# (FEM) 1D time-dependent heat equation convergence problem

I'm simulating a simple 3-node bar with convection BCs at the edges to validate my FEM code. The following data was used:

Initial temperature = 25 ºC

Temperature surrounding the rod = 10 ºC

Thermal conductivity = 0

Specific heat capacity = Density = Convection coefficient = 1

For time -> infinity the two nodes at the edge converged to 10 ºC (which was expected). However, at the middle node the temperature should had maintained its initial value of 25 ºC since there's no thermal conductivity but it raised up to a higher temperature (32.5 ºC) and I have no clue why is this happening.

Edit1: I followed these steps:

1) Assuming the standard transient heat-equation:

$$\rho.c_p\ \frac{\partial T}{\partial t} - k\frac{\partial^2 T}{\partial x^2} = 0$$

2) After the formal FEM procedure and using Euler-Backward time-integration I arrived to the following formulation:

$$\rho.c_p \int N_i\ N_j\ d\Omega\ \frac{T_j^{t+1}-T_j^t}{\Delta t} +\ k\int N'_i\ N'_j\ d\Omega\ \ T_j^{t+1}\ + h\int N_i\ N_j\ d\Gamma\ \ T_j^{t+1}\\= h\ T_{surrounding} \int N_i\ d\Gamma$$

$$\rho:\$$Density

$$c_p:\$$Specific heat capacity

$$k:\$$ Thermal conductivity

$$h:\$$Convective heat transfer coefficient

If $$k\rightarrow \ 0$$ then the above related problem appears.

Edit 2: The step-by-step procedure I followed to arrive at the equation presented at point 2 of Edit 1 was the following:

Step 1) Multiply the PDE at point 1 by the weight function (w) and integrate over the domain:

$$\rho c_p \int \frac{\partial T}{\partial t} w\ d\Omega + \int \overrightarrow{\nabla}.(-k\overrightarrow{\nabla} T) w\ d\Omega = 0$$

Step 2) Apply divergence theorem on the second term at the Left Hand-Side of the equation:

$$\rho c_p \int \frac{\partial T}{\partial t} w\ d\Omega - k\oint (\overrightarrow{\nabla} T .\overrightarrow{n}) w\ d\Gamma + k\int \overrightarrow{\nabla} T . \overrightarrow{\nabla} w\ d\Omega = 0$$

or

$$\rho c_p \int \frac{\partial T}{\partial t} w\ d\Omega + k\int \overrightarrow{\nabla} T . \overrightarrow{\nabla} w\ d\Omega = \oint k(\overrightarrow{\nabla} T .\overrightarrow{n}) w\ d\Gamma$$

where $$\overrightarrow{n}$$ and $$\overrightarrow{\nabla}$$ denotes the outward normal vector at the boundary and the gradient vector, respectively.

Step 3) Using the following relation

$$k\overrightarrow{\nabla}T.\overrightarrow{n}\ + h(T-T_{\infty}) = 0$$

at the Right Hand-Side of latter equation at Step 2 one arrives to:

$$\rho c_p \int \frac{\partial T}{\partial t} w\ d\Omega + k\int \overrightarrow{\nabla} T . \overrightarrow{\nabla} w\ d\Omega = \oint -h(T-T_{\infty}) w\ d\Gamma$$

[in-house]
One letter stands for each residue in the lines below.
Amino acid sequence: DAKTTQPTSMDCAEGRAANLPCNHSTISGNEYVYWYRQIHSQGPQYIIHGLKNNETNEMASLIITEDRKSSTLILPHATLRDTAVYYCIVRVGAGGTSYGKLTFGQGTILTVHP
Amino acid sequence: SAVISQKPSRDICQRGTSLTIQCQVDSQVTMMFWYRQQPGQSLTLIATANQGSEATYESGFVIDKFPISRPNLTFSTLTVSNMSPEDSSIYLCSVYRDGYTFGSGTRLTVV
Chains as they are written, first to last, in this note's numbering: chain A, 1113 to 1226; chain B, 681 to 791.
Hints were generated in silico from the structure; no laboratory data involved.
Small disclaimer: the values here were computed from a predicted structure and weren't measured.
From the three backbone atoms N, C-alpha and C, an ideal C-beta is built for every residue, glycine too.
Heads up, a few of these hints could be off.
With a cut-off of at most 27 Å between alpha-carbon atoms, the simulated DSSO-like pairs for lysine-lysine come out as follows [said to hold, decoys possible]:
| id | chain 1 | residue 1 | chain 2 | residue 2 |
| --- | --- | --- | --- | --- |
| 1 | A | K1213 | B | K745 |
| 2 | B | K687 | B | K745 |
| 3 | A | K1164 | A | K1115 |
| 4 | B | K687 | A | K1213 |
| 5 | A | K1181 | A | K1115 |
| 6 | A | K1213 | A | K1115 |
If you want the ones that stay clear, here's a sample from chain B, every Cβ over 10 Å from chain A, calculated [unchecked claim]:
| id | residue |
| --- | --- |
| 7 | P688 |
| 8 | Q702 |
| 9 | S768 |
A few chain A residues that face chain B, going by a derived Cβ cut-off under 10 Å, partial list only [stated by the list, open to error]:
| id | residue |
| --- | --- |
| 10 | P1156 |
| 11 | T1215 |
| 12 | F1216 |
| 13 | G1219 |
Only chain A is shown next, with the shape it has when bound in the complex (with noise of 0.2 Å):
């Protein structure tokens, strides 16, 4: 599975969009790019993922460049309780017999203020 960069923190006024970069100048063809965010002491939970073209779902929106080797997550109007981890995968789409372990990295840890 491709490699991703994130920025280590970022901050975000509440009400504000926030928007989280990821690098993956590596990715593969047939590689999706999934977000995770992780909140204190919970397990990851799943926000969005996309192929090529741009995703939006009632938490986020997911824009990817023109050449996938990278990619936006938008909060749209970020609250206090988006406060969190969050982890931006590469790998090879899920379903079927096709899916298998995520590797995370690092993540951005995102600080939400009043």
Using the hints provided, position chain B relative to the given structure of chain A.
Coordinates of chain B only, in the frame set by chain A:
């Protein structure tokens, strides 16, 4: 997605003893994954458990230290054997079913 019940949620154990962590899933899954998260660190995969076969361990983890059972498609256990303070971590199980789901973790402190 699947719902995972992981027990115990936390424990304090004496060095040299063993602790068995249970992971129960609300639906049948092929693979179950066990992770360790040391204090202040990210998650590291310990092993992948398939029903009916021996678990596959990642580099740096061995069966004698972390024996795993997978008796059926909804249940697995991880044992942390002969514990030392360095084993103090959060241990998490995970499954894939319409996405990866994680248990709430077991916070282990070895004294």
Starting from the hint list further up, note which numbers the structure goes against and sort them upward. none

Where $$T_{\infty} = T_{surrounding}$$ is the surrounding temperature.

Step 4) Rearranging the Right Hand-Side

$$\rho c_p \int \frac{\partial T}{\partial t} w\ d\Omega + k\int \overrightarrow{\nabla} T . \overrightarrow{\nabla} w\ d\Omega + \oint h\ T\ w\ d\Gamma = \oint h\ T_{\infty}\ w\ d\Gamma$$

and using $$T = N_jT_j$$, $$w = N_i$$ and assuming a Backward-Euler time integration scheme we'll have

$$\rho c_p \int N_iN_j\ d\Omega\ \frac{T_j^{t+1}-T_j^t}{\Delta t} + k\int \overrightarrow{\nabla}N_i.\overrightarrow{\nabla} N_j\ d\Omega\ T_j^{t+1} + h\oint N_i N_j\ d\Gamma\ T_j^{t+1} = \\h\oint T_{\infty} N_i\ d\Gamma$$

Or in matrix form

$$[M]\frac{T^{t+1}-T^t}{\Delta t} + [K]T^{t+1} + [H]T^{t+1} = F$$

• But, if you have a conductivity of zero you don't have a partial differential equation. – nicoguaro Jun 26 '19 at 16:05
• Can you write down the equation that is solved? – Anton Menshov Jun 26 '19 at 20:41
• I suggest you print your $3\times 3$ capacitance matrix before and after you apply the boundary conditions and post the results here. – Bill Greene Jun 27 '19 at 10:39
• You should rewrite point 1 so that it is consistent with point 2. Then, applying the Galerking discretization (the formal FEM procedure) correctly, you would see that the terms which involve h would tend to 0 with k. So, if k tends to 0, T does not change over time. – mfnx Jul 29 '19 at 15:35
• @MFnx, I followed the reasoning presented at the book "An introduction to the Finite Element Method" by J. N. Reddy (3rd editon) on page 460, Equation 8.5.6b. Could you please clarify your point? Why exactly "k" and "h" tends to zero at the same time? – Gustavo Costa Jul 30 '19 at 20:09

You don't need MFnx answer to find out why if $$k = 0$$, $$h$$ also MUST be zero ($$h = 0$$). Look at your initial PDE for heat transfer:

$$\rho C_{p}\frac{\partial T}{\partial t} = k \frac{\partial^{2} T}{\partial x^{2}}$$

If $$k = 0$$, so:

$$\rho C_{p} \frac{\partial T}{\partial t} = 0$$

Since your density and heat capacity are not zero, then:

$$\frac{\partial T}{\partial t} = 0$$

It means: $$T = T_{0}$$ every where in your 1D domain, where $$T_{0}$$ is your temperature at initial time or $$t = 0$$, cause you MUST satisfy initial condition.

On the other hand, you have this convection BC at the boundaries: $$-k \frac{\partial T}{\partial x} = h (T - T_{\infty})$$. Since $$k = 0$$, then: $$h (T-T_{\infty}) = 0$$. Let's assume that $$h$$ is not zero, then, $$T - T_{\infty}$$ MUST be zero: $$T = T_{\infty}$$. It's CONTRADICTION. why?! Cause, there is no reason whatsoever that $$T_{\infty}$$ MUST be equal to $$T_{0}$$. Then, my initial assumption of $$h$$ non-zero is FALSE. So, if $$k= 0$$, I MUST have $$h = 0$$. Otherwise, I would see a clear contradiction as you saw in your numerical scheme that your initial point reached a 32 degree Celsius, despite the fact that it MUST remain at 25 degree Celsius. You chose a really bad example to verify your FEM scheme.